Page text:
Medicine for the Outdoors
Medicine for the Outdoors

Dr. Paul Auerbach is the world's leading outdoor health expert. His blog offers tips on outdoor safety and advice on how to handle wilderness emergencies.

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Muscle Soreness and Statin Drugs

Outdoor adventurers often exercise vigorously. So, it's pretty common to have post-exercise muscle soreness. For weekend warriors, who aren't conditioned to hike, trek, bike, climb, ski, or dive, it can mean extreme stiffness and sore arms and legs on Monday morning.

These days, increasing numbers of persons are taking "statin" (3-hydroxy-3-methylglutaryl coenzyme A reductase inhibitor) drugs to control the level of certain lipids in their blood, and reduce the risk for cardiovascular disease (e.g., heart attacks and strokes). Perhaps the most common side effect (in up to 5% of persons) of these drugs is myalgia, which is pain or soreness in muscles, usually noted in the arms and legs. Certain statins, such as fluvastatin, are less commonly associated with this problem.

Because myalgia as a side effect of taking statins may be accompanied by muscle inflammation or tissue damage, it is important to make the diagnosis, and therefore, to be able to differentiate between muscle soreness from exertion (not related to drug effect) and muscle soreness from medication side effect. If one has recently (within two weeks) started taking a statin drug and is stricken with muscle soreness, it cannot automatically be attributed to exercise or exertion. One way to differentiate is to wait a couple of days while avoiding muscle exertion, and see if the soreness disappears. If you return to a normal pain-free state during this time period, the soreness is likely due to your exertion. However, if the soreness persists, you may have more going on - namely, a side effect from your statin medication. In that case, you need to contact your physician, who may decide that you need a physical examination and/or a blood test(s).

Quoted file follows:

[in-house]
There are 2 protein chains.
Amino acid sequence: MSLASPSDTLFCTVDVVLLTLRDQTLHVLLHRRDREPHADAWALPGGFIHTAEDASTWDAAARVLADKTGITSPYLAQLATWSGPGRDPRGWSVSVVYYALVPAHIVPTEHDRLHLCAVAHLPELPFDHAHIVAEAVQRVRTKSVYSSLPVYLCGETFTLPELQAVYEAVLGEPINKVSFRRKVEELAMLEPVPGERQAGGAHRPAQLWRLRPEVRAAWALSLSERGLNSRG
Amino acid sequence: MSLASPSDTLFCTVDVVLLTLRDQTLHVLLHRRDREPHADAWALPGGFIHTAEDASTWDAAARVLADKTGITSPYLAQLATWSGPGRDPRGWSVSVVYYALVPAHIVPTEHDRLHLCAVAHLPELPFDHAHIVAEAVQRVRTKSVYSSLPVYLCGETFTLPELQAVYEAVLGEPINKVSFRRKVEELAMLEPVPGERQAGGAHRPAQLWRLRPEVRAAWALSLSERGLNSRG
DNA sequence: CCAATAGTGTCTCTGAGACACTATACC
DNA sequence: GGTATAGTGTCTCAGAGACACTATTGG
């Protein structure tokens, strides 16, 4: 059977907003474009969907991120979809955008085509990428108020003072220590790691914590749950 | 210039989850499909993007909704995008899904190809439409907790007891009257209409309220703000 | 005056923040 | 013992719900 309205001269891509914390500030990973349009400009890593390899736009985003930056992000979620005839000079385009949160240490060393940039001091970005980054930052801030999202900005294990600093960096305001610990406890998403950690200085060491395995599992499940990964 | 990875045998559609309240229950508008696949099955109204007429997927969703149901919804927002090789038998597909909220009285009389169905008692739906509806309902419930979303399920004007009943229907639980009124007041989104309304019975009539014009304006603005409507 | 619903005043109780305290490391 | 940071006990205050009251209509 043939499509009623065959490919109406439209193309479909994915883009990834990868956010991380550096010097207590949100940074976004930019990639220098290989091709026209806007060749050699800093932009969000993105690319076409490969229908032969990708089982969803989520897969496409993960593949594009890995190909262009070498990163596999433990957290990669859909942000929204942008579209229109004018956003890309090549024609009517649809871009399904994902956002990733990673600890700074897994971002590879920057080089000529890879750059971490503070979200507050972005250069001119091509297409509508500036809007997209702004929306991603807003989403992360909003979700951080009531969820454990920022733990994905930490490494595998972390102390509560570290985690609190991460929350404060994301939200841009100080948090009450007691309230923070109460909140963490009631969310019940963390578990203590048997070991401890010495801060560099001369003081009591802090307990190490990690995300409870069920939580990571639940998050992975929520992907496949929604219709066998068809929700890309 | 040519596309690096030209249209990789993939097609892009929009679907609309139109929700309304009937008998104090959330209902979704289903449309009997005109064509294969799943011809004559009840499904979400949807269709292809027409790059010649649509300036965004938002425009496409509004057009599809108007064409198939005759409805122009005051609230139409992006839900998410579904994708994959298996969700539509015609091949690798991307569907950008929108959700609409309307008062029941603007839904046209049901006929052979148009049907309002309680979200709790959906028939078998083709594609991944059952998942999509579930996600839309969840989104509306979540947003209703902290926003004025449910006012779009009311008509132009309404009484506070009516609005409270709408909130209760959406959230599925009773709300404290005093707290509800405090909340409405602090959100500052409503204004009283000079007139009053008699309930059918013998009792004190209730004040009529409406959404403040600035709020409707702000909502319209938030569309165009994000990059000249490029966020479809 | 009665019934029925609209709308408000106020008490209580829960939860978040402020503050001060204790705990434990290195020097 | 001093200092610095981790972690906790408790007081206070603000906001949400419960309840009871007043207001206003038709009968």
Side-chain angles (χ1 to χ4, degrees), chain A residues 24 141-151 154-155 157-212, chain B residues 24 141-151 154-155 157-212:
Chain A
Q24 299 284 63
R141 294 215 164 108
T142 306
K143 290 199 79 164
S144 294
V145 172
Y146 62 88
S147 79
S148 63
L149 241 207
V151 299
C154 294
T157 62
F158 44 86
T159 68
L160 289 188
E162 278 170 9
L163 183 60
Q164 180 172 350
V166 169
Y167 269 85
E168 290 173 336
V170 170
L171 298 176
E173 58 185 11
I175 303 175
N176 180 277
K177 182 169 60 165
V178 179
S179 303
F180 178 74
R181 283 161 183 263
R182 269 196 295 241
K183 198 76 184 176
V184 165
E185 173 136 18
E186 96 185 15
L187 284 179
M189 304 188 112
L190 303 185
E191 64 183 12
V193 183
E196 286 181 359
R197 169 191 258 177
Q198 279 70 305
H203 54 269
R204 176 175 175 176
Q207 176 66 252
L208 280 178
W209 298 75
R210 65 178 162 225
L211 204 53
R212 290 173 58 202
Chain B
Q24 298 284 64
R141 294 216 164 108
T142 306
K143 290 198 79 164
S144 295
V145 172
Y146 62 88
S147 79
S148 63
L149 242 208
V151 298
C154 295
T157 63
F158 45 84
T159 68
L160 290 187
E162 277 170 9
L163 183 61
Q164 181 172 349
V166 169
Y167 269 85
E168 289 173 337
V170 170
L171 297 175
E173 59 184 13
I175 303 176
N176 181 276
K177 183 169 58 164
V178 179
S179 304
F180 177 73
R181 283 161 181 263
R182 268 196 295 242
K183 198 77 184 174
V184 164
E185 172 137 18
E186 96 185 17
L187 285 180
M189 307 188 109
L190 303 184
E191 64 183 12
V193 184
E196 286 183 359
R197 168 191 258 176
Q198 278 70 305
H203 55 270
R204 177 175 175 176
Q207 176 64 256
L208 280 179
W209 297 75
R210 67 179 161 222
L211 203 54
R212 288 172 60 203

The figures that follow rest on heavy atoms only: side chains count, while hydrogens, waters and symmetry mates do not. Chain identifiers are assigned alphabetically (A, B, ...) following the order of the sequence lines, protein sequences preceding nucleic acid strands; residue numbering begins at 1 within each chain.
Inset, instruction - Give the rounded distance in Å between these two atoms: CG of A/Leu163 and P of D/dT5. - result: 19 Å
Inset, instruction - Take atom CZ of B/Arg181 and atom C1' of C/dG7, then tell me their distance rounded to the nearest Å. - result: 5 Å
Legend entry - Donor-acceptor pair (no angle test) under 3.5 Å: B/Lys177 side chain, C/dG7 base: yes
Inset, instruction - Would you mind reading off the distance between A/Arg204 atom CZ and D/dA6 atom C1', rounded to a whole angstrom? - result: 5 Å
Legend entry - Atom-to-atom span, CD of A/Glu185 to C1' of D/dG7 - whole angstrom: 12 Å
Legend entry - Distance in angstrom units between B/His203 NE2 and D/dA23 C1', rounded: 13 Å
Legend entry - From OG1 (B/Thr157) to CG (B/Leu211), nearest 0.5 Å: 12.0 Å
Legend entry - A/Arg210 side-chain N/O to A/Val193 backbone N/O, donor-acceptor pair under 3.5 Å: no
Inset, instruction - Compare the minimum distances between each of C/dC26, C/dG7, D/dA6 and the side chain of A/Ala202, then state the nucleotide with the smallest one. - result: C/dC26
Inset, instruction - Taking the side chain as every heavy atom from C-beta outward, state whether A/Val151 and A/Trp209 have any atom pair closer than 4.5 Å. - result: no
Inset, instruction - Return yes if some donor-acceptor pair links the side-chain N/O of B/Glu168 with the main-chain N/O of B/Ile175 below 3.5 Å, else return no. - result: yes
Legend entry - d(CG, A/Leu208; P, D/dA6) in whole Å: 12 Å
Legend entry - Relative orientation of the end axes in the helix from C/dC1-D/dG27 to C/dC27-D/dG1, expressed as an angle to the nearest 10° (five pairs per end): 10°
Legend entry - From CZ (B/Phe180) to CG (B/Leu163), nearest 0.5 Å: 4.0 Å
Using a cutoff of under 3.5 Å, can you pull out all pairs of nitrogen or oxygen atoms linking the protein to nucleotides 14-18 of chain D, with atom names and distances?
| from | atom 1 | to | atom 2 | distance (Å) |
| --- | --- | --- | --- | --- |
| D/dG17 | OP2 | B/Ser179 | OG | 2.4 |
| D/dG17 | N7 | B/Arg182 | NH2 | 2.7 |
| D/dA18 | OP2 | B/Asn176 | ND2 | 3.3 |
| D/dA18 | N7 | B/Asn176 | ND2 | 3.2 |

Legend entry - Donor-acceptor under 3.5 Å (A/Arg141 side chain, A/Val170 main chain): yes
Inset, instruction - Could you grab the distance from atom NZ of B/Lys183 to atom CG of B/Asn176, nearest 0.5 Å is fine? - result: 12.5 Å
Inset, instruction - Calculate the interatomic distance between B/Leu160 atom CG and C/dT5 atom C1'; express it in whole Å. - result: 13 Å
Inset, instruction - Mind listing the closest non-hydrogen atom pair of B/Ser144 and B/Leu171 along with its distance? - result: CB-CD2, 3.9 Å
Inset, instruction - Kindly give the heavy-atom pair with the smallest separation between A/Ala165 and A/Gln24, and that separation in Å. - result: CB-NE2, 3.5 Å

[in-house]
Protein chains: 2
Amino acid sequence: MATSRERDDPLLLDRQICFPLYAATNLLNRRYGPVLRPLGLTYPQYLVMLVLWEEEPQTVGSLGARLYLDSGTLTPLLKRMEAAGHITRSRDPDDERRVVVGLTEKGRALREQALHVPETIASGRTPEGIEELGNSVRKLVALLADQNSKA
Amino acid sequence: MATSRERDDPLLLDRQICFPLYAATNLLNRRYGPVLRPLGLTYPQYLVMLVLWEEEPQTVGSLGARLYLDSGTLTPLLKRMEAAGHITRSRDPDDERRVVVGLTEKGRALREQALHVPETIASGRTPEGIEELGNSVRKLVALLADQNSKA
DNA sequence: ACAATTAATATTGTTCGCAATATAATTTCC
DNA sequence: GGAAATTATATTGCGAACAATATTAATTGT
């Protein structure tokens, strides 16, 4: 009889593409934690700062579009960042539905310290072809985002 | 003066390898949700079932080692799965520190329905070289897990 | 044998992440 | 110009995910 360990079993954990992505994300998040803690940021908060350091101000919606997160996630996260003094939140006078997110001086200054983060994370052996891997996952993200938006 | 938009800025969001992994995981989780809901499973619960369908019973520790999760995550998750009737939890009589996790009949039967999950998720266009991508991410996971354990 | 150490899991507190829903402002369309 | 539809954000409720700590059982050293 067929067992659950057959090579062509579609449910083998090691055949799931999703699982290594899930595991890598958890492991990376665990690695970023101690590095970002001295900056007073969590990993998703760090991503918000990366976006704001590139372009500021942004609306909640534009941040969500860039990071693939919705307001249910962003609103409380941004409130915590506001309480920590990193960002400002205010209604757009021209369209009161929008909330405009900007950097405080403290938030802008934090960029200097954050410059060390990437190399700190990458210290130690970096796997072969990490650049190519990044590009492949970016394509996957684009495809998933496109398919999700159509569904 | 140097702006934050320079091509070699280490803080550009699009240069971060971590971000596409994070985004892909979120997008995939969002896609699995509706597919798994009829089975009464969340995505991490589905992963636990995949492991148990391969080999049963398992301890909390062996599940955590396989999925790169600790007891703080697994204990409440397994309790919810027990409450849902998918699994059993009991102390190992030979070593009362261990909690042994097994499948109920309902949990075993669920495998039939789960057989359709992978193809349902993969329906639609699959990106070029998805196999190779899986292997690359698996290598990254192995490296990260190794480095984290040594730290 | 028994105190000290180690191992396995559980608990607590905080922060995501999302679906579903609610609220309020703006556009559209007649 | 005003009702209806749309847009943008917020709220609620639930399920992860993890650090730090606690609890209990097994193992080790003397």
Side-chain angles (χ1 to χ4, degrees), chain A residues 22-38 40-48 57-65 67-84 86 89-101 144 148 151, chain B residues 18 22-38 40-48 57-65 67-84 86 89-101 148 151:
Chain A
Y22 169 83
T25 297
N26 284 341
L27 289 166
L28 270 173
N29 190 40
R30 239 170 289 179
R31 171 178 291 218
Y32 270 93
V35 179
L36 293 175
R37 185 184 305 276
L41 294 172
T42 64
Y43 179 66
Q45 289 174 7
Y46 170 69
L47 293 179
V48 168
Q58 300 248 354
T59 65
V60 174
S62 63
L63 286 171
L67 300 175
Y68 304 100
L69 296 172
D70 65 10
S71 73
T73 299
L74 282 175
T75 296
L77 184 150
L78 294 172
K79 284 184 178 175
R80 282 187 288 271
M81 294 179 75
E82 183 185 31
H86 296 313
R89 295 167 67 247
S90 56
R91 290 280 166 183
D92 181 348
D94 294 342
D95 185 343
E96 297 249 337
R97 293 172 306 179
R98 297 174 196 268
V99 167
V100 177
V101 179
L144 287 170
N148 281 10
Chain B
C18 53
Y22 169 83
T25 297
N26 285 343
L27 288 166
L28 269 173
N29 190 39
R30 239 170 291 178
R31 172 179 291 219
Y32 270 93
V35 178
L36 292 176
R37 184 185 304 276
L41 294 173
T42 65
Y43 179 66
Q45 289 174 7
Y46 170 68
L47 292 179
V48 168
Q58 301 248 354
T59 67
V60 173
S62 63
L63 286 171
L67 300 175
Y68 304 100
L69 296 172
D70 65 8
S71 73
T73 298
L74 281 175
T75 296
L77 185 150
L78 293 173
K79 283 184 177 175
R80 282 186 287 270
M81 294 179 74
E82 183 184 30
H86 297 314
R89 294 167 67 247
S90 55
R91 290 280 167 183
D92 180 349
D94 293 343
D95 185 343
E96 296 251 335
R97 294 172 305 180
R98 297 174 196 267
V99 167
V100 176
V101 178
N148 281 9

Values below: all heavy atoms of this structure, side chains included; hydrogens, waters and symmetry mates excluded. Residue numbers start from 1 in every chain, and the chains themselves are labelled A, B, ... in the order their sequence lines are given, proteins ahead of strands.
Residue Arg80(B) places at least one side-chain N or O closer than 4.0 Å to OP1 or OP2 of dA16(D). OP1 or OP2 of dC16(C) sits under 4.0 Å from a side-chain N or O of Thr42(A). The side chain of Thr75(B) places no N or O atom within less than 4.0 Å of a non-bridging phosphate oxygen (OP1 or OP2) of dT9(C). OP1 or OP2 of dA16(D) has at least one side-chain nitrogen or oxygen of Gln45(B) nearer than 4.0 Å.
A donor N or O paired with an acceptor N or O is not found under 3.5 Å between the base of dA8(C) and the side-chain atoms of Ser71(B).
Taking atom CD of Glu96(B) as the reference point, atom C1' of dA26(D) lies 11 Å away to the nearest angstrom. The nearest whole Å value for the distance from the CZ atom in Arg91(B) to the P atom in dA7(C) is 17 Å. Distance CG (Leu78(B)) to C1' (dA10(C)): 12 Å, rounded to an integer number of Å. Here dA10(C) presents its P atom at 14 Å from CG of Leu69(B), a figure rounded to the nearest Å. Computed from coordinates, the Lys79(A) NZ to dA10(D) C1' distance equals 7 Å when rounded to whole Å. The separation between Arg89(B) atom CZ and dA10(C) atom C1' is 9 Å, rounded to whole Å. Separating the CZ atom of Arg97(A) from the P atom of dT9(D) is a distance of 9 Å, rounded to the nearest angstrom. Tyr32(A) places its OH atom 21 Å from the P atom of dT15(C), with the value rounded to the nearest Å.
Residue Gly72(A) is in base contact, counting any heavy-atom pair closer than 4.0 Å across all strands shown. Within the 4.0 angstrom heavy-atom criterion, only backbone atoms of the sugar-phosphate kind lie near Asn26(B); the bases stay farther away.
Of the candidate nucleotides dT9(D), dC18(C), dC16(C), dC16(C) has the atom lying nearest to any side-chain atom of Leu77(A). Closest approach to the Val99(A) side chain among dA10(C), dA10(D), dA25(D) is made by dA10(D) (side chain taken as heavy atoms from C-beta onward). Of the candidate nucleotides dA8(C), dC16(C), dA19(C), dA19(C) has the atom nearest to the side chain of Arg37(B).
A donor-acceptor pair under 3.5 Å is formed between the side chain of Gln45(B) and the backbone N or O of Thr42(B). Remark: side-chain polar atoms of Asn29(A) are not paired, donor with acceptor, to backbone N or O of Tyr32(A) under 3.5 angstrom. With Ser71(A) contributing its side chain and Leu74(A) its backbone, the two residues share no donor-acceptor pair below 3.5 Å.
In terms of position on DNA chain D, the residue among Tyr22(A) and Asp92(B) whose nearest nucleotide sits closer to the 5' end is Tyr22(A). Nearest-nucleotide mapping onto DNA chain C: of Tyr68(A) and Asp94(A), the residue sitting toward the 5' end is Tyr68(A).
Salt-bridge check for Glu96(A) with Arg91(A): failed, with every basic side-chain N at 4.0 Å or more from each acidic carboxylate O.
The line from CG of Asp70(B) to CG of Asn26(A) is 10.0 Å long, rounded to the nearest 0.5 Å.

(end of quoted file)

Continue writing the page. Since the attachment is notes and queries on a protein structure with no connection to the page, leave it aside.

In a recent paper entitled "Toward "pain-free" statin prescribing: clinical algorithm for diagnosis and management of myalgia," the author, Dr. Terry Jacobson, described how medical professionals should, among other activities, monitor creatine kinase (a "breakdown product" created by muscle inflammation or injury) in the bloodstream as a measure of muscle toxicity and approach to statin prescribing. For persons interested in reading the original article, the reference is Mayo Clinic Proceedings 2008 June; 83(6):687-700.

Many health care professionals recommend that persons who take statins also take coenzyme Q10 supplements, on the rationale that myalgia may be in part related to inhibition by statins of endogenous synthesis of this coenzyme, which is felt to be important for energy production in muscle tissue. Its reputed clinical beneficial effect is mostly reduction in muscle soreness. The scientific evidence is sketchy, but there is anecdotal support for its use. For instance, in some circumstances, it is felt to allow a person to continue to take a statin drug, when he or she might otherwise be unable to do so because of the side effect of myalgia. Clearly more studies need to be done. To my knowledge, coenzyme Q10 has never been shown to diminish muscle soreness due to exercise or physical strain. However, this might also be amenable to study.

Preview the 17th Annual WMS Winter Meeting, "Wilderness & Mountain Medicine," which will be held at The Canyons in Park City, Utah, February 20-25, 2009.

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About the Author

Dr. Paul S. Auerbach is the world’s leading authority on wilderness medicine.